Have you mapped out your #character arcs? (And some fun news!)
Written by: Kristen Kieffer
Happy Sunday, writer. Did you have a great week?
These past few days have been pretty nice for me. After about a month and a half of working restlessly on our free #WriteBoss course and the new Fearless Writer Workshop (link here and here if you want to check those out), I finally got to take a breather and slip back into a semi-normal work schedule. Hurray!
So what did I do? I'm so glad you asked. ;)
First, I participated in a super fun interview over on Hannah Arlene's site. If you've ever wanted to learn more about my writing journey and upcoming novels or get an inside peek at the workings behind She's Novel, go give our interview a read!
I also wrote up a brand new article for the She's Novel blog this week called How to Create Well-Developed Characters. In this post, we talk about what it means to write "strong" characters and how you can avoid common characterization pitfalls.
I'll also be giving you some bonus tips on this topic down below, but first I wanted to clue you in on one more fun new thing happening at She's Novel.
Earlier this week, I created a brand new downloadable resource guide for you guys.
In this free PDF, I list out links and descriptions for all of my favorite writing resources, including writing productivity apps, books, blogs, podcasts, and everything I use to build and promote my own author brand and business.
Did you check out our new article on well-developed characters yet?
Let's expand on that topic a bit here, shall we? One of the things I didn't mention in our article was just how awesome character arcs can be in adding to the strength and purpose of your story.
If you aren't familiar with the term, a character arc is the emotional transformation or journey a character undergoes throughout a story. There are actually three types of arcs:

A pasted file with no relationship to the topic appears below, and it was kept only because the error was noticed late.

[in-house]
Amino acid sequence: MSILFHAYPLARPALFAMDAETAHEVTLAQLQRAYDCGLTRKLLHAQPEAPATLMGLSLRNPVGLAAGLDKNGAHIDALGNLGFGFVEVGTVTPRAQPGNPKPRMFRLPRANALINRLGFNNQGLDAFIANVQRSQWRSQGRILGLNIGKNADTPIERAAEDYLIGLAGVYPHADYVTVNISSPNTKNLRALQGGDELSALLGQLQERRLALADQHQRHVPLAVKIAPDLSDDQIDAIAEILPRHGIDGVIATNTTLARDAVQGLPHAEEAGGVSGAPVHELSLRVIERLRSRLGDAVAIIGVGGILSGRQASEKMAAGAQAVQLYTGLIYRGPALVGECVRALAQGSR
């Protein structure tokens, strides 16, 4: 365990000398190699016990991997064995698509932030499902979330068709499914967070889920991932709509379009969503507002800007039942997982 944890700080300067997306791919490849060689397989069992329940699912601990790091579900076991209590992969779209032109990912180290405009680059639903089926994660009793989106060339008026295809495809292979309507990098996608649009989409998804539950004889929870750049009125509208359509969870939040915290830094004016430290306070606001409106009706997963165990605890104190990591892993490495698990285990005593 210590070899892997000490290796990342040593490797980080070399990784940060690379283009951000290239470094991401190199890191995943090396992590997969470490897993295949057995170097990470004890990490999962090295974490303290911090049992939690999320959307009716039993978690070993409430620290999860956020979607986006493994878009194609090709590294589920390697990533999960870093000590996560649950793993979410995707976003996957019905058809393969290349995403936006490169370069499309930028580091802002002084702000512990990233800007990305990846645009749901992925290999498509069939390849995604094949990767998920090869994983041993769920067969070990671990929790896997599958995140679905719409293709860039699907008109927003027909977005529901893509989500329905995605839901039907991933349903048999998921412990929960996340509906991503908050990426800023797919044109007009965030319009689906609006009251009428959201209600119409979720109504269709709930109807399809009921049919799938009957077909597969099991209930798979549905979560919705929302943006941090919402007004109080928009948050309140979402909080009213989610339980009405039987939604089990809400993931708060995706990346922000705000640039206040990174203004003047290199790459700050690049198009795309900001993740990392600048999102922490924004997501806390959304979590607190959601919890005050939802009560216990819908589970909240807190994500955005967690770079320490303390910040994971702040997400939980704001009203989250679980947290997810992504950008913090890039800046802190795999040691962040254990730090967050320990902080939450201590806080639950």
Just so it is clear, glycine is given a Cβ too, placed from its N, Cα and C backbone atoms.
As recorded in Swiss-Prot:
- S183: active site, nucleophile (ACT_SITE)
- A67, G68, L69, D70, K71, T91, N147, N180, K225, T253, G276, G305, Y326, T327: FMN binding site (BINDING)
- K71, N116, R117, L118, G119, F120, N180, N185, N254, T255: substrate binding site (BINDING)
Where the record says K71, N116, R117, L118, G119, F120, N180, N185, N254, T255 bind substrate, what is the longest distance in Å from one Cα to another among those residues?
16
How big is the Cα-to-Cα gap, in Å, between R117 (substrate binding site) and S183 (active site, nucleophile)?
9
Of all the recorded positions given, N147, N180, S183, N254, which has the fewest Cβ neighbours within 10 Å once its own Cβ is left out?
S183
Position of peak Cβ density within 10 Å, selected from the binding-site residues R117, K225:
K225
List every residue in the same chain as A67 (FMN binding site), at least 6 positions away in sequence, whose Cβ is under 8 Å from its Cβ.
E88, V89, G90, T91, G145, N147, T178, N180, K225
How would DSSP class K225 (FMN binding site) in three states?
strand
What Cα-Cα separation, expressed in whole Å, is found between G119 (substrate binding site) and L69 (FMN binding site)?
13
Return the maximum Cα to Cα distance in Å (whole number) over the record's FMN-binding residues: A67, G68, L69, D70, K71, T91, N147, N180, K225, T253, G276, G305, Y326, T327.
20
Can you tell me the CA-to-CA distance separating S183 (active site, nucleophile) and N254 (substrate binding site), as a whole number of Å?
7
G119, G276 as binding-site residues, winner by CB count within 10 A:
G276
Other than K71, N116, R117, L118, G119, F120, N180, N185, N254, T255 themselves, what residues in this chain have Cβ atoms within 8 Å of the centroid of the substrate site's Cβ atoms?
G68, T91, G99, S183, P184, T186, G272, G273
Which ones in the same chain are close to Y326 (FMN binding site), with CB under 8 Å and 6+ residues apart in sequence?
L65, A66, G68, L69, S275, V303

1. Positive Arcs. In this case, a character gradually transforms their personality traits or circumstances for the better throughout their story. (Ex. Mr. Darcy learns to overcome his pride in Pride and Prejudice.)
2. Negative Arcs. In a negative arc, a character gradually spirals into poorer circumstances or mindset throughout the story. (Ex. Jay Gatsby discovers the tragic truth about his love for Daisy in The Great Gatsby and his life takes a turn for the worst.)
3. Flat Arcs. In a flat arc, a character doesn't actually undergo any emotional change throughout a story. Instead, their values or morals are tested, and they work to overcome this test and remain true to their beliefs. (Ex. Katniss is tested in the arena in The Hunger Games but stays true to herself by refusing to kill for sport.)
So, just how important are character arcs? Do the main characters in your stories need arcs? Absolutely.
While the action in your story will keep readers entertained and intrigued, it's the emotional connection via your character's arc that will help them relate to the character and root for their success.
This character arc is what will make your readers cheer when the hero slays the dragon or cry when their pride gets in the way of their happiness. This inner journey also really elevates your novel from an average read to a whole new level of awesome.
Pretty cool, right? But how do you create your own character arcs?
First, you want to choose the type of arc your character will undergo. There is no right choice here (though positive arcs are the most common). Whichever arc fits best in the story you already have in mind is probably the way to go.
Next, you need to give your character a serious flaw (i.e. greed, pride, anger, envy, cruelty, you name it).
In a positive character arc, this flaw is what your hero will overcome during the story. In a negative arc, it's the flaw that will destroy their lives, and in the flat arc, it's the flaw that will make it hard for your hero to resist temptation.
Once you have this flaw in mind, you'll want to think about your hero's goal and the steps they will take to achieve it. As they come in conflict with your story's villain, how will these conflicts test or shape them for the better (or worse)?
Plotting your story will probably take a few days or weeks, but as you work out your characters' arcs, remember this important key: actions always have consequences.
Everything your characters say, do (or don't do), and experience will shape them in some manner. It's your job to figure out how, okay? You've got this, friend. I believe in you.
So, are you excited to start hashing out arcs for the characters in your latest story? I know I'll be doing some work on my own this weekend.
If you have any questions about character arcs throughout the week, don't hesitate to hit reply or pop on over to our Facebook group and ask the community. We'd love to help you out.
May you have a wonderfully wordy week, my friend.